Richardson Review: Law Council deeply concerned by recommendation to cut judiciary out of warrant approval
4 December 2020
The Law Council of Australia has expressed deep concern over a key element of the Richardson Review: a recommendation that warrants to exercise intrusive intelligence collection powers should be authorised by the Minister alone and not overseen by a judge.
The Richardson Review, handed down today, is the largest review of Australia's spy laws since the early 1980s.
While giving initial approval to many of the recommendations contained in the Review, Law Council of Australia President, Pauline Wright, expressed grave concern over the proposal to exclude judicial oversight.
“This would reinforce Australia’s status as a major outlier within the Five Eyes Alliance,” Ms Wright said.
“The United States, United Kingdom, Canada, and New Zealand all have judicial authorisation requirements for their intrusive intelligence collection-powers.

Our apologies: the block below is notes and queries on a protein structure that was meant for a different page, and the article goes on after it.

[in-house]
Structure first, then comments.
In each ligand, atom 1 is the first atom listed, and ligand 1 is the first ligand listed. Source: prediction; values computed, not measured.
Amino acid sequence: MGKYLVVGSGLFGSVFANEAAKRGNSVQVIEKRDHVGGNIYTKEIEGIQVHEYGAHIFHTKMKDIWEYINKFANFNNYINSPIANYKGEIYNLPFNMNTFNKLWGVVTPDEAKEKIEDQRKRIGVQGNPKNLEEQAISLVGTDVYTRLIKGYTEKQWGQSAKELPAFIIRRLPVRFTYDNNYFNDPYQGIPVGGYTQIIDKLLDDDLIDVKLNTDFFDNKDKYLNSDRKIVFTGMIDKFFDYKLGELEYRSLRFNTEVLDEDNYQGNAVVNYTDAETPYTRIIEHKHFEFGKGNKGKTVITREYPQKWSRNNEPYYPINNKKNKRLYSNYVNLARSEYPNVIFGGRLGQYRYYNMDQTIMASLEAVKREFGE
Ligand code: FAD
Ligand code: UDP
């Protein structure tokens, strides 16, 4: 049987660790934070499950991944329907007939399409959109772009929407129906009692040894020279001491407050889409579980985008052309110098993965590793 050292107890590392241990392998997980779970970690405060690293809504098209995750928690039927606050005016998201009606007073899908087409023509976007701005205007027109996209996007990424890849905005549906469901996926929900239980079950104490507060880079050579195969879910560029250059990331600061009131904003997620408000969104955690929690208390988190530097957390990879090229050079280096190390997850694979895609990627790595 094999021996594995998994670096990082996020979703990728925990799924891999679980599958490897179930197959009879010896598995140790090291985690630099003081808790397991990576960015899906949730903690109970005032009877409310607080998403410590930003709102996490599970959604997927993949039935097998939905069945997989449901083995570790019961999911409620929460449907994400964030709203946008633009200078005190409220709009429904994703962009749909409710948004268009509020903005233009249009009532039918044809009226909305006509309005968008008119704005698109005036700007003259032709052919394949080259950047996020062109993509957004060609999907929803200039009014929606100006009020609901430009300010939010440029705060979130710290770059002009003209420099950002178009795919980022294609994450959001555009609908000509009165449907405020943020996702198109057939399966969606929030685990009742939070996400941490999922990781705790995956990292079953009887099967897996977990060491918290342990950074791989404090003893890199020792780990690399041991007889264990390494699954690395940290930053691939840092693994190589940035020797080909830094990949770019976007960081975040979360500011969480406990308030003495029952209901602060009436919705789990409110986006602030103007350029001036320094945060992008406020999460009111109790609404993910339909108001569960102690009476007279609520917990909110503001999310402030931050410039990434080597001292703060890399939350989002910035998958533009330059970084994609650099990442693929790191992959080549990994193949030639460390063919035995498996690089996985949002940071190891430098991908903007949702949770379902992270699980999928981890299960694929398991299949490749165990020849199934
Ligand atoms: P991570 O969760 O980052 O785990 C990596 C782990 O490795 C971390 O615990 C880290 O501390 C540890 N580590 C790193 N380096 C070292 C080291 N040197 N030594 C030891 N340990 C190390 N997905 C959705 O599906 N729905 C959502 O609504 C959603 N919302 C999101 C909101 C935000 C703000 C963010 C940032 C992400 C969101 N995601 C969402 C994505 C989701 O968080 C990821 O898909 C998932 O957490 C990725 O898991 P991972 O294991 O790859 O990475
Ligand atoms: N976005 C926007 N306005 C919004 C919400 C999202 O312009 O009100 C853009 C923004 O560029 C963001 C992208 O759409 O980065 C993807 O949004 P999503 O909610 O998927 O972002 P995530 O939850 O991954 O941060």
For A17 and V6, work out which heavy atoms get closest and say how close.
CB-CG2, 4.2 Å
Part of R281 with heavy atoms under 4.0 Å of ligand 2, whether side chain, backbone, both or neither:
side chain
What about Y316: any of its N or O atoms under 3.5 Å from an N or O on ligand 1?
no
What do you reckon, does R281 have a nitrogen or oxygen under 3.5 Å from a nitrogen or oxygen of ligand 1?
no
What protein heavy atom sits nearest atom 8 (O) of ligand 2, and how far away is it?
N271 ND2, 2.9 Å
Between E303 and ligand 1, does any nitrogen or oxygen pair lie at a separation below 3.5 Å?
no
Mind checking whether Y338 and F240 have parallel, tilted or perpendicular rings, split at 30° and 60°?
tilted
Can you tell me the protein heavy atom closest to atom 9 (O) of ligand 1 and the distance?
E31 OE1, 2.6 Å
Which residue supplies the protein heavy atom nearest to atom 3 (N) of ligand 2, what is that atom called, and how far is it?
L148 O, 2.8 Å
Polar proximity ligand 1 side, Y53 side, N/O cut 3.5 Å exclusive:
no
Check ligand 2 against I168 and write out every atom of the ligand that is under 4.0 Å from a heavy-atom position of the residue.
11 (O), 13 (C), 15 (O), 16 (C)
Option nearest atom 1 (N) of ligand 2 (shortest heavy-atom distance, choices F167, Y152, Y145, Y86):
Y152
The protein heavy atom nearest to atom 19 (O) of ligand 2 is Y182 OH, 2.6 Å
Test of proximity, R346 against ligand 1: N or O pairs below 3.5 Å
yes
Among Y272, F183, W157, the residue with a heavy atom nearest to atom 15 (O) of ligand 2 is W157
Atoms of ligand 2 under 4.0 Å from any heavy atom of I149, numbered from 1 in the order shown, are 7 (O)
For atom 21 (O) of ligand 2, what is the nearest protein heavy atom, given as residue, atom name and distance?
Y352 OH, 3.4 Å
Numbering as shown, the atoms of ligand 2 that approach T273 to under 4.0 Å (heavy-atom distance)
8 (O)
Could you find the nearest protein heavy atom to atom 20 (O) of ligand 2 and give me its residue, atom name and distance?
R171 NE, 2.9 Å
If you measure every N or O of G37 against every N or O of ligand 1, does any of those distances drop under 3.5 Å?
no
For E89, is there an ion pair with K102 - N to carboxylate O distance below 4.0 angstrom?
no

“The Law Council accepts that powers that limit rights and liberties are often necessary for intelligence agencies to keep us safe and protect our national interest. But for the public to have trust and confidence in covert activities it is essential the utmost independence and rigour applies when granting authorisations. Judicial authorisation is essential to creating and maintaining that state of trust.”
Ms Wright noted the Law Council was generally supportive, in principle, of other elements of the review, including a recommendation to enact a consolidated Electronic Surveillance Act, and principles for the design of effective oversight legislation that strongly reflect independence and the need for interoperability between oversight agencies.
“Details of the implementation of these amendments to existing legislation will require close scrutiny by civil society and Parliament, and it is important that the government provides adequate opportunities for this to occur,” Ms Wright said.
“The Law Council calls on the government to now work constructively and collaboratively with the national legal profession in the development of legislation.”
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